With a new name in hand that undercuts its ties to agriculture, rotomolder Behlen Engineered Plastics Inc. is pursuing its plan of becoming a custom plastics house and adding thermoforming to the bill.
Formerly called Agri-Engineering Inc., the rotational molder plans to invest as much as $1.5 million in new plastics equipment at its Goshen, Ind., headquarters plant, said Rae Johnston, president. Part of that investment includes adding its first vacuum forming machine this month, a three-station rotary made by Central Automated Machinery Inc. of Gladwin, Mich.
BEP will use the machine, which has a 6-foot-by-12-foot bed, to form plastic parts for proprietary products, such as cattle boxes, made by sister firm Universal Livestock Equipment, and for custom work, which is becoming a larger piece of its total business, Johnston said. The company is the only plastics unit of privately held parent Behren Manufacturing Co., based in Columbus, Neb.
Parts for the proprietary product lines will use only about 20 percent of the high-speed Cam rotary machine's capacity, he said. Behren was outsourcing those parts.
``We're looking at custom work in the truck and bus fields mainly, and we're already tooling door frames for buses,'' he said.
To double plastics manufacturing space at Goshen to 120,000 square feet, Behlen will transfer a metal product line there to Nebraska. BEP, which also recently installed a 5-axis computer numerically controlled trimmer at Goshen, expects to add other plastics production equipment there later this year, including a fifth carousel rotomolding machine and second vacuum former, Johnston said.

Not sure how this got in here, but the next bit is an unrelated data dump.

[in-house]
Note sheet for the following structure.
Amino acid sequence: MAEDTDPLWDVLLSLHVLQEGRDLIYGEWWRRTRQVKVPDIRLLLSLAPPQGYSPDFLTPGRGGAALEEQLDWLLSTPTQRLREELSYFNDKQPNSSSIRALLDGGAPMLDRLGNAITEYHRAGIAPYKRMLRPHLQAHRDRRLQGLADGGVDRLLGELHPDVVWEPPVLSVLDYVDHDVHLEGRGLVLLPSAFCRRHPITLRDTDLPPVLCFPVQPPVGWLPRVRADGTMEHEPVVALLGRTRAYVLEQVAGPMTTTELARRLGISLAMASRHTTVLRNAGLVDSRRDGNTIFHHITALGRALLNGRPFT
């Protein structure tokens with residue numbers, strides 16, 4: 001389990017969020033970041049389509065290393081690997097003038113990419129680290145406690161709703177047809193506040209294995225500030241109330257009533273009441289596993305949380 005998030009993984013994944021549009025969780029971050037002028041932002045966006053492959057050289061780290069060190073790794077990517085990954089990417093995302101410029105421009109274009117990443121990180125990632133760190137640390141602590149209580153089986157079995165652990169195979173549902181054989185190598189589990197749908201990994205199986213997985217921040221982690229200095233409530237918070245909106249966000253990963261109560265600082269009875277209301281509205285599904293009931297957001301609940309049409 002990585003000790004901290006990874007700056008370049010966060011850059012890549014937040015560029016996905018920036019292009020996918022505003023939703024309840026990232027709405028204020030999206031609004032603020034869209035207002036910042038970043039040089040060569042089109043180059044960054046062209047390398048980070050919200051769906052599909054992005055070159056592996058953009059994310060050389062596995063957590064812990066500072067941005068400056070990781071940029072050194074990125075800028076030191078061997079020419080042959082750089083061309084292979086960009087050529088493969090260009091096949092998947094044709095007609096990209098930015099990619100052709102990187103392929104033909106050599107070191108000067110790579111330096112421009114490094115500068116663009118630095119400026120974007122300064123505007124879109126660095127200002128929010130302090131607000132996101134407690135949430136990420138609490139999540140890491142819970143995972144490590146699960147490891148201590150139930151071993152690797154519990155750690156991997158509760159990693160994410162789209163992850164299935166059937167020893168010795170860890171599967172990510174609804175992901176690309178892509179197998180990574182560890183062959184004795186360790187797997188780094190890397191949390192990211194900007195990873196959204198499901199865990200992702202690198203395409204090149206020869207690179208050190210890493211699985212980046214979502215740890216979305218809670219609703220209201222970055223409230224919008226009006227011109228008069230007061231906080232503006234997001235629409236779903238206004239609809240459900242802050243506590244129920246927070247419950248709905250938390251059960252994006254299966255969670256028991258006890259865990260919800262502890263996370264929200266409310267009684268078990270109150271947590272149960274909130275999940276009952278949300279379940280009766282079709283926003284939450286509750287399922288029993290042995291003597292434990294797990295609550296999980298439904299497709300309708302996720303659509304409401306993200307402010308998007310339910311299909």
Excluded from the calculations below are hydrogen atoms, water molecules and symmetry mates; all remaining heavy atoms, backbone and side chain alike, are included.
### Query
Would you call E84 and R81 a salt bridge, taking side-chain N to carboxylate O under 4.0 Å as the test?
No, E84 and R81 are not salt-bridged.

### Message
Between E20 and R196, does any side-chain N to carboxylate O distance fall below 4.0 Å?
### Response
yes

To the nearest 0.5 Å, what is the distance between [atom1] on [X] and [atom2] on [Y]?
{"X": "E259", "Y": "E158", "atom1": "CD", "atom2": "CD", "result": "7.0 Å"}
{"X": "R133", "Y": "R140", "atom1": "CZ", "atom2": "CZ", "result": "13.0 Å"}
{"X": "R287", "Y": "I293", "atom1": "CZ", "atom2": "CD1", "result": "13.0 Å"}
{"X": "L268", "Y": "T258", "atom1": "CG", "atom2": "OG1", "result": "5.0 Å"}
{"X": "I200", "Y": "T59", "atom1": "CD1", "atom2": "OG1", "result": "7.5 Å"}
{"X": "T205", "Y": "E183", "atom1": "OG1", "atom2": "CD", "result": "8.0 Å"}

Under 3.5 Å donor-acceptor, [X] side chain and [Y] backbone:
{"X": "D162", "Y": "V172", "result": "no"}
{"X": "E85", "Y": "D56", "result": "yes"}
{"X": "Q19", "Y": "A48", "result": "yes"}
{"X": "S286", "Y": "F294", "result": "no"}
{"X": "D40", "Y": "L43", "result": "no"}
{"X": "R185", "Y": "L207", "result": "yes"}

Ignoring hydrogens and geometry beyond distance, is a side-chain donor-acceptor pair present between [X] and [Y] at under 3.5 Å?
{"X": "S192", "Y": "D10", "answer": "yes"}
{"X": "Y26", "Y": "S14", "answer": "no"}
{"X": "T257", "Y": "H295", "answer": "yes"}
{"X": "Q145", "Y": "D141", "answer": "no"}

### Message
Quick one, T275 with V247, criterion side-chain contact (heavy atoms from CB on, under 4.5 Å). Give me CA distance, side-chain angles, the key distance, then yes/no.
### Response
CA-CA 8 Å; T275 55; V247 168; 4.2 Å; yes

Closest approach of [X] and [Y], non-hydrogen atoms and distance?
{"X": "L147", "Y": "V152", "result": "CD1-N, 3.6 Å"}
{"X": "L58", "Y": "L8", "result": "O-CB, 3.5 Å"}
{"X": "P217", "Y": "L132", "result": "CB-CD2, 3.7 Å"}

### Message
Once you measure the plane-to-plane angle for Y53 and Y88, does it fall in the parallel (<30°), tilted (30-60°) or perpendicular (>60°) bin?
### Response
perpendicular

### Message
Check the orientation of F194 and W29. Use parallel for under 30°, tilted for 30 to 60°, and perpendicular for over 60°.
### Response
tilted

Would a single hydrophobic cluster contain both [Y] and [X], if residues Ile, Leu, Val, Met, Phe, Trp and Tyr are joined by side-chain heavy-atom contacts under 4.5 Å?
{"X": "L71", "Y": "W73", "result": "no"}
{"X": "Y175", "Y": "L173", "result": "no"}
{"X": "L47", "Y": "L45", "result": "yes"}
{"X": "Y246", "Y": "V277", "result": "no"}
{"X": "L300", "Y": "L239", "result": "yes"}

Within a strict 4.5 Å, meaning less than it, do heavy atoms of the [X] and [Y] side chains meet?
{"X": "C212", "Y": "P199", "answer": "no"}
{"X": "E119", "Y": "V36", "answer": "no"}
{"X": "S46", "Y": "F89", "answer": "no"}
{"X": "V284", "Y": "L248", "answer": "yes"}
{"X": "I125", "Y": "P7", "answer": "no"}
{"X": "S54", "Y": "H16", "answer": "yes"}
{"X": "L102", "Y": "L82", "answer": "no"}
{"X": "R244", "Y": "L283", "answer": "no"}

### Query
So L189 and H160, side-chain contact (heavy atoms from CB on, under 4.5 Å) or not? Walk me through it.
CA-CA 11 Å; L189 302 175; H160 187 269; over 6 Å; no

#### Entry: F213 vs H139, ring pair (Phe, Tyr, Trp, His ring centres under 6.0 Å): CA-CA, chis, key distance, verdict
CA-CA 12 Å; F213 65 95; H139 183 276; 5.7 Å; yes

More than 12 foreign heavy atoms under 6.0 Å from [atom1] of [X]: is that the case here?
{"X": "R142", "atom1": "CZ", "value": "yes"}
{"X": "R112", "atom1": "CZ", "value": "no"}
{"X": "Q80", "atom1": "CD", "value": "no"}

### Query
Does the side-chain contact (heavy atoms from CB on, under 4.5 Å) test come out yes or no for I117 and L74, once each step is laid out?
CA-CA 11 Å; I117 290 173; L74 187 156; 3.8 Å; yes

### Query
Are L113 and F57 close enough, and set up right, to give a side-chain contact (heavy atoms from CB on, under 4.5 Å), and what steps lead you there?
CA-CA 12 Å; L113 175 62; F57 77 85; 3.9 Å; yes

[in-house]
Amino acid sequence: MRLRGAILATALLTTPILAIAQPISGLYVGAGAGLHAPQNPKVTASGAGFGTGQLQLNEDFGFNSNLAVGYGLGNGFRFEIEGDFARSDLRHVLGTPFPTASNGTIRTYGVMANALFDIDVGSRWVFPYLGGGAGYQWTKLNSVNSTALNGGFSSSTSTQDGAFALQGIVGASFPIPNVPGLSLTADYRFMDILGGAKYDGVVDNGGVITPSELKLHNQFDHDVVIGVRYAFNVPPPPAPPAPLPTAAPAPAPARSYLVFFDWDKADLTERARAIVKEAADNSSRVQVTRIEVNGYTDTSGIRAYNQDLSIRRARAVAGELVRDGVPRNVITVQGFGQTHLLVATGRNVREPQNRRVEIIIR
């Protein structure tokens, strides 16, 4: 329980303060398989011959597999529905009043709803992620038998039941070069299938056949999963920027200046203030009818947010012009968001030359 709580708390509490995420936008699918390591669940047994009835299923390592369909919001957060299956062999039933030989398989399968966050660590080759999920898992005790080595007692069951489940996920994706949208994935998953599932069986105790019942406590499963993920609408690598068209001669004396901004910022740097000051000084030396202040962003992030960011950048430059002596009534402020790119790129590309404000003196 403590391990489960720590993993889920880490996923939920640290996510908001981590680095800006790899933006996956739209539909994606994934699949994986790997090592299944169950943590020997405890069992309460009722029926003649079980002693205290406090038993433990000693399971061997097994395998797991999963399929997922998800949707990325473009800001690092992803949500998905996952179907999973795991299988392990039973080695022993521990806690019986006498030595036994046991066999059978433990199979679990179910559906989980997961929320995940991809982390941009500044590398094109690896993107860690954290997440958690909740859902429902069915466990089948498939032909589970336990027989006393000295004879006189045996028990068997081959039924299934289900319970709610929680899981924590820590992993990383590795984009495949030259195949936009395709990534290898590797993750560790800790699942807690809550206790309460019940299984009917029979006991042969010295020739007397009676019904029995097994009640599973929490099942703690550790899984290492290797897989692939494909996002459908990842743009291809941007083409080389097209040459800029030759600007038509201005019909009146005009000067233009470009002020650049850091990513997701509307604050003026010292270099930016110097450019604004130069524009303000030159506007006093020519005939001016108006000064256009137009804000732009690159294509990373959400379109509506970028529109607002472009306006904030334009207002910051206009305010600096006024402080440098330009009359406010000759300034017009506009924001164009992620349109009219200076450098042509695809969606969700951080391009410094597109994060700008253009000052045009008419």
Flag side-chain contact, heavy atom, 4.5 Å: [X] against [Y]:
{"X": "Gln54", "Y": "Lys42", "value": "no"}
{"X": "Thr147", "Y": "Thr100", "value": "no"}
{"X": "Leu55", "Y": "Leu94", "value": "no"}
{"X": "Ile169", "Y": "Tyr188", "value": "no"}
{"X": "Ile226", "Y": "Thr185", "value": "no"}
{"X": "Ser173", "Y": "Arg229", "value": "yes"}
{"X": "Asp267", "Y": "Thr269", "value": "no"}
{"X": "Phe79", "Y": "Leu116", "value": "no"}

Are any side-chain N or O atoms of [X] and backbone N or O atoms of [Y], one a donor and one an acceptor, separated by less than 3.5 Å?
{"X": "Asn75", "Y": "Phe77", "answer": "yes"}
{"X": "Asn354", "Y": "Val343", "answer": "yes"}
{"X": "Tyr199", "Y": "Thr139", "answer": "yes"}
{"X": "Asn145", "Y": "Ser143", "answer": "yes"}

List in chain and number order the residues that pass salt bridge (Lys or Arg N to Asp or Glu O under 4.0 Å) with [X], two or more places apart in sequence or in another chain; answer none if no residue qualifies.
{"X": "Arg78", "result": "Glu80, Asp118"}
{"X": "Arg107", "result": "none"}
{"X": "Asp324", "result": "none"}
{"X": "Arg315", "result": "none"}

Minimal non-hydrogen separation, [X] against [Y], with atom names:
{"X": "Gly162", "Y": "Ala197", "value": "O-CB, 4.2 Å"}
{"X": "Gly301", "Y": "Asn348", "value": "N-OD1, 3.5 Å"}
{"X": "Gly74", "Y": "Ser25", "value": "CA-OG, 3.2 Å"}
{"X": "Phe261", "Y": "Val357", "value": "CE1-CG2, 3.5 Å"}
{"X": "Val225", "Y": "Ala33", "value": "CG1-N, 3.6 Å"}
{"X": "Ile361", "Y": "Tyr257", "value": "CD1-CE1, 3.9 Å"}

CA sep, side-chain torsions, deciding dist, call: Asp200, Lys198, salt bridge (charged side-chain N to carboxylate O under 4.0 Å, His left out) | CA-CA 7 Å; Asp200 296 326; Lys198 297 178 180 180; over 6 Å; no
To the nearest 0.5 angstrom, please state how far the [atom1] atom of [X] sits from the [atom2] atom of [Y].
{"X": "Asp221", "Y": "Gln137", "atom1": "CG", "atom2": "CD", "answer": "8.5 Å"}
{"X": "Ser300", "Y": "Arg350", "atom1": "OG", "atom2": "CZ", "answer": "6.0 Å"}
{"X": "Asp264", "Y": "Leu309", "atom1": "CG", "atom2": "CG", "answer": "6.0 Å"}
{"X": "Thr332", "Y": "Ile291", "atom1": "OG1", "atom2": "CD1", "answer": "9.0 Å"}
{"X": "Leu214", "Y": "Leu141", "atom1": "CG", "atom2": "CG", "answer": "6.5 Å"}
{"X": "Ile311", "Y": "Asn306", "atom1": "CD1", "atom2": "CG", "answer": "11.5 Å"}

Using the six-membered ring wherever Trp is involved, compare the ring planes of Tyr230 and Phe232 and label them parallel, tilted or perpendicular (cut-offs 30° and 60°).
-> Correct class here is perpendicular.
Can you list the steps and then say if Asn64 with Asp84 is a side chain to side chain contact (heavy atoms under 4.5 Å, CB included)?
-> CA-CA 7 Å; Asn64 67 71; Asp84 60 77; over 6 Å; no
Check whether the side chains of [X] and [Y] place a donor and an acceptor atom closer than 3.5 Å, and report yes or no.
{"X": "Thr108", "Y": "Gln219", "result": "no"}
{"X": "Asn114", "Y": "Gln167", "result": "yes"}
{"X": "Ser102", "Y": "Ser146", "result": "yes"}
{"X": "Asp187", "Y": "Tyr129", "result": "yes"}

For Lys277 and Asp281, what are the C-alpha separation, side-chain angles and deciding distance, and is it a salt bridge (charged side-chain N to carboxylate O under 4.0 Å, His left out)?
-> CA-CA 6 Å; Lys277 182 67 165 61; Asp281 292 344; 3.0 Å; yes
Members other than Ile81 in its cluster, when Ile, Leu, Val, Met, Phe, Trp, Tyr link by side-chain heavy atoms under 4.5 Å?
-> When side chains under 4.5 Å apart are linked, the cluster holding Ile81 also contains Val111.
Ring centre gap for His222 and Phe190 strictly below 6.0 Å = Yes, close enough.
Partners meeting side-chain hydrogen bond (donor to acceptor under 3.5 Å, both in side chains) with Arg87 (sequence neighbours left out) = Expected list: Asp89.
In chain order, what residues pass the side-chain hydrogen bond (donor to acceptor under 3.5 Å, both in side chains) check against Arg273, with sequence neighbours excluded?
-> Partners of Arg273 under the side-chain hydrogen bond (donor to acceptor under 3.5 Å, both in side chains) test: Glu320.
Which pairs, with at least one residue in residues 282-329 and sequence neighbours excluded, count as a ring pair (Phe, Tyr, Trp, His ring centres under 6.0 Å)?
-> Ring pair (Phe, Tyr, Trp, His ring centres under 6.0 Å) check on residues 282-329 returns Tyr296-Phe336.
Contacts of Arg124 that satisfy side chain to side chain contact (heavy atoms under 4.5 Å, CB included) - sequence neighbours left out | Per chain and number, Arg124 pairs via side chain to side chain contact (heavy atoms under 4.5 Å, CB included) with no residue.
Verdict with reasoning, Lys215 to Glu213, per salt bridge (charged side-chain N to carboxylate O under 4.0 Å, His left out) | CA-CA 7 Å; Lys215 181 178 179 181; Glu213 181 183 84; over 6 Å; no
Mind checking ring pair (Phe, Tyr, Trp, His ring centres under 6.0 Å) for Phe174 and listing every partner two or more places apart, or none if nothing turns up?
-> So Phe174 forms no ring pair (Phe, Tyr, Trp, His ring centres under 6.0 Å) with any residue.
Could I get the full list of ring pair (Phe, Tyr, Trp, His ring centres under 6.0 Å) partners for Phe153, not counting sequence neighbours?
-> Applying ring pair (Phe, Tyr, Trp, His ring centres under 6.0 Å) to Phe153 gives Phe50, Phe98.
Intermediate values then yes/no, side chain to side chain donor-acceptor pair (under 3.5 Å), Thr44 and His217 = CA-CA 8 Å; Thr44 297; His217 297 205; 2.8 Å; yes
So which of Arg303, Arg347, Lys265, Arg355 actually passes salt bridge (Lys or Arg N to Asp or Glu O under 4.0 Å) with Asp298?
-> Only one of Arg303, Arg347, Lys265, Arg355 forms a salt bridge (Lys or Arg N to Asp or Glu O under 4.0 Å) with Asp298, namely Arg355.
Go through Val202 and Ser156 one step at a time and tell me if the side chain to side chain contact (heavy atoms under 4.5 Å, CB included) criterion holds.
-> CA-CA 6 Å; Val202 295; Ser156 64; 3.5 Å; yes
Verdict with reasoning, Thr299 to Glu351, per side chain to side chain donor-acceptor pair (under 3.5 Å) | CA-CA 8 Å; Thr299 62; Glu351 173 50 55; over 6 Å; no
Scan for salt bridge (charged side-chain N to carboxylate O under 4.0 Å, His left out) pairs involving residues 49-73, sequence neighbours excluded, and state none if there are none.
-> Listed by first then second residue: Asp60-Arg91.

Funding for the Goshen expansion is coming from state-issued bonds totaling $5.4 million, but Behren has earmarked more than $3 million of that to open a steel building products facility in Connersville, Ind., he said.
The name change reflects a growing custom business and less emphasis on Behren's livestock products, he said. In the next 11/2 years, Johnston said, he expects thermoforming to boost total sales by $2 million to $3 million. This year sales were about $8.5 million.
Its main rotomolding business includes making live wells and steering consoles for boats; water tanks and wheel well covers for recreational vehicles; luggage racks and engine covers for trucks and buses; and parts for industrial carpet cleaning equipment for Electrolux Corp.'s plant in Elkhart, Ill.
BEP also has one rotomolding machine in Columbus.